|Jiang, Hai Jun|
Submitted to: Meeting Abstract
Publication Type: Abstract Only
Publication Acceptance Date: 7/15/2012
Publication Date: 8/28/2012
Citation: Jiang, H., Greene, C.R., Kapczynski, D.R. 2012. Microscopic examination and cytokine expression of bone marrow-derived dendritic cells following exposure to low pathogenic avian ionfluenza [abstract]. 12th Avian Immunology Research Group Meeting. p. 17. Interpretive Summary:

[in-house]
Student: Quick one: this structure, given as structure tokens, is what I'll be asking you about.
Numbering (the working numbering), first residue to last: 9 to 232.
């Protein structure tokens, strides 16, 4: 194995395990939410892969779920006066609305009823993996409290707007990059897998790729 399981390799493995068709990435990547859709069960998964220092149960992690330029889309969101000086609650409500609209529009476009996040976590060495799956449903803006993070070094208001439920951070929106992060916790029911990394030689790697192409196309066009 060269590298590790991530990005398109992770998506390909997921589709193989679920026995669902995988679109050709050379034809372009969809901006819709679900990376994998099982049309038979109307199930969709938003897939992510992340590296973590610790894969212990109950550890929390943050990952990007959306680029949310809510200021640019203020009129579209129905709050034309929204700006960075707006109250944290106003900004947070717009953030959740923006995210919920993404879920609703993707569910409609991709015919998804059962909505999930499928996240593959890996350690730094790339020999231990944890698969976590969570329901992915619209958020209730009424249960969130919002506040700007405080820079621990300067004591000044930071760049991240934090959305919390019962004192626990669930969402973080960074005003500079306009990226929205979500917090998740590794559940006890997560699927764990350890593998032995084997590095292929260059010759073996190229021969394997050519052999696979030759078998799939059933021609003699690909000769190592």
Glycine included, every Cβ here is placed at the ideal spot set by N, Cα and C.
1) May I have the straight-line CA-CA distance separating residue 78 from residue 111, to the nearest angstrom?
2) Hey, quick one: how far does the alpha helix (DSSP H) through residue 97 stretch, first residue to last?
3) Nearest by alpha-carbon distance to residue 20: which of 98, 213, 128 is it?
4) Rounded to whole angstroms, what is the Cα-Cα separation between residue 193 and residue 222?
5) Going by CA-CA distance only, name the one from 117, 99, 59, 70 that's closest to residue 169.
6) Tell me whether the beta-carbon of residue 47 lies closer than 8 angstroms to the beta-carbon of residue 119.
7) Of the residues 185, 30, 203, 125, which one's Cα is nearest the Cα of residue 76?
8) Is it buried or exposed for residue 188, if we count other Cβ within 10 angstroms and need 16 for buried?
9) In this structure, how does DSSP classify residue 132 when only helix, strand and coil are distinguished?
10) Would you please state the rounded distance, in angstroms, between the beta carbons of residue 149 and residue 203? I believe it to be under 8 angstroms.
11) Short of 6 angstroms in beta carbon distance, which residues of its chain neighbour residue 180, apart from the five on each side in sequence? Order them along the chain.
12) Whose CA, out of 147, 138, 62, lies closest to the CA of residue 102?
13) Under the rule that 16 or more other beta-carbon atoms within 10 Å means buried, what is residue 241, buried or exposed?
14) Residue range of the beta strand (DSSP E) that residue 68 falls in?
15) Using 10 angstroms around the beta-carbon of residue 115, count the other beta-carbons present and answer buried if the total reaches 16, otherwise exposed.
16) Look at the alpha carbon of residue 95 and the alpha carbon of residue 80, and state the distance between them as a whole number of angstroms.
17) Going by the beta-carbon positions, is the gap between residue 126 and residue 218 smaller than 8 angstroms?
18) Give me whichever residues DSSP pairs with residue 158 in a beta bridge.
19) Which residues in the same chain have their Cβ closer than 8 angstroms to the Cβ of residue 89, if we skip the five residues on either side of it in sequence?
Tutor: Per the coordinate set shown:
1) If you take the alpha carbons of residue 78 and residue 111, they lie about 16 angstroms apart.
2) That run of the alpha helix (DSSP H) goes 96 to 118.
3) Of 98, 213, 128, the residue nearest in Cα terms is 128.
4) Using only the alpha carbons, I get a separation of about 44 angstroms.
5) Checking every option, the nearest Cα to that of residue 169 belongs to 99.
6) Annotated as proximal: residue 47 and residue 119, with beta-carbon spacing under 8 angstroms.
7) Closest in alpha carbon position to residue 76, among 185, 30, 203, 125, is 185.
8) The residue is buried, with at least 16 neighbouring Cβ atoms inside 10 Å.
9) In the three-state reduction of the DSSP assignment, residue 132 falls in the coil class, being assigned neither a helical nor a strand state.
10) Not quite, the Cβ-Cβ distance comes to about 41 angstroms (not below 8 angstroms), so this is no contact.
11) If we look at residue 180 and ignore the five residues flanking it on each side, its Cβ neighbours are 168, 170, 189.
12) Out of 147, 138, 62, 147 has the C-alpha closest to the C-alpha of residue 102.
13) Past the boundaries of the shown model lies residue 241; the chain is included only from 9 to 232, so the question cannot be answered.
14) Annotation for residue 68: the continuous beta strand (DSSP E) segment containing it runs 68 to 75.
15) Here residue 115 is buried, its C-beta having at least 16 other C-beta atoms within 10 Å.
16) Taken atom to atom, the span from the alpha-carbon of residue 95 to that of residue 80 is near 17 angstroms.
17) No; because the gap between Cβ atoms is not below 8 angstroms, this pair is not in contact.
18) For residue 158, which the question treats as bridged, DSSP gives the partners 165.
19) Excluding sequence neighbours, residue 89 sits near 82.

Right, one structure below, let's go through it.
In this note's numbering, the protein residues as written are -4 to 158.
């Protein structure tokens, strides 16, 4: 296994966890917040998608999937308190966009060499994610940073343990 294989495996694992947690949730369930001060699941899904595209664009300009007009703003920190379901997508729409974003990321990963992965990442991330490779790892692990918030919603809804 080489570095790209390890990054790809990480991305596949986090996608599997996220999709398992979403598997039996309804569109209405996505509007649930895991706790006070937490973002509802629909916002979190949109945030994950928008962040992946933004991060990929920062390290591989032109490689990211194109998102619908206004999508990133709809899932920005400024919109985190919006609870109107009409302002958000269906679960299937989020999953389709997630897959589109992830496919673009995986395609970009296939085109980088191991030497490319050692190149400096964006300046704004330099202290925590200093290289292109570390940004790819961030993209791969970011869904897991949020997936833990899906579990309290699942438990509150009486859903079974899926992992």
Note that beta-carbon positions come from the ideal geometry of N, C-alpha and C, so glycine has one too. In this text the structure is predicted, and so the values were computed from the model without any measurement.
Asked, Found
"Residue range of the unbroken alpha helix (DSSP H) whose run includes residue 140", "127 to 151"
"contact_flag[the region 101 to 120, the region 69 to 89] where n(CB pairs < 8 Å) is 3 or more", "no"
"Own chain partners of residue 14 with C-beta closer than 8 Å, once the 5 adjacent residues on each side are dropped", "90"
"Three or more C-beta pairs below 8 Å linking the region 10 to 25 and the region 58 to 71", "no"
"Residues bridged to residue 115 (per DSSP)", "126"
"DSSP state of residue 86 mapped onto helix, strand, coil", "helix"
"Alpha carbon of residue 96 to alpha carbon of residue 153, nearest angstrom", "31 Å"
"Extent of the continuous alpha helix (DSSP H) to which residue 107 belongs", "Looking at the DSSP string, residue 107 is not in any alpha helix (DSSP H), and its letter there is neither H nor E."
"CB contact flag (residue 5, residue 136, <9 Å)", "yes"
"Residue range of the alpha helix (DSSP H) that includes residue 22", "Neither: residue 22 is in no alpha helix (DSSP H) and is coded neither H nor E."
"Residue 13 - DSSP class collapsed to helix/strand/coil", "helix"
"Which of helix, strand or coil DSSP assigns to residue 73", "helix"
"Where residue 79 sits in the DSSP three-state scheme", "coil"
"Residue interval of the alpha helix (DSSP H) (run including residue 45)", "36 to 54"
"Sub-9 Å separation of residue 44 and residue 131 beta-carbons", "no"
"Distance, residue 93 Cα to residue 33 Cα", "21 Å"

Technical Abstract: Dendritic cells (DC) function as professional antigen presenting cells, and act as sentinels of the immune system. They are a part of the primary immune response to pathogens and help bridge the innate and adaptive immune responses. They are believed to migrate from bone marrow into the blood stream and eventually reside in most all tissue. Immature DC are especially equipped for antigen uptake and processing, while mature dendritic cells undergo physical and functional maturation to present antigen to naïve T cells. The recent expression of avian recombinant growth factors for generation of DC, in vitro, has allowed for culture and experimentation of these cells. In these studies we examined the morphologic characteristics of bone marrow-derived DC, cultured in the presence of different levels of recombinant chicken granulocyte-macrophage stimulating factor (GM-CSF) and recombinant chicken interleukin (IL)-4 to LPS stimulation. In addition, we examined the uptake and innate immune response of DC to inactivated and live low pathogenic avian influenza (LPAI). Although no internationally agreed units of activity exists for avian cytokines, we determined 50ng/ml of GM-SF and IL-4 resulted in the maximum number of cell aggregates which were best observed at day 6. In addition, the uptake of fluorescently labeled-LPAI was observed, and viral titers were measured following infection with live virus, indicating viral replication in these cells. Finally, an increased proinflammatory immune response with IL-6 and IL-1beta was observed with real time quantitative RT-PCR after infection with LPAI. Taken together, these results demonstrate a morphological and functional change in DC following exposure to LPAI, which will allow further investigation into how avian DC contribute to the immune response against avian viruses.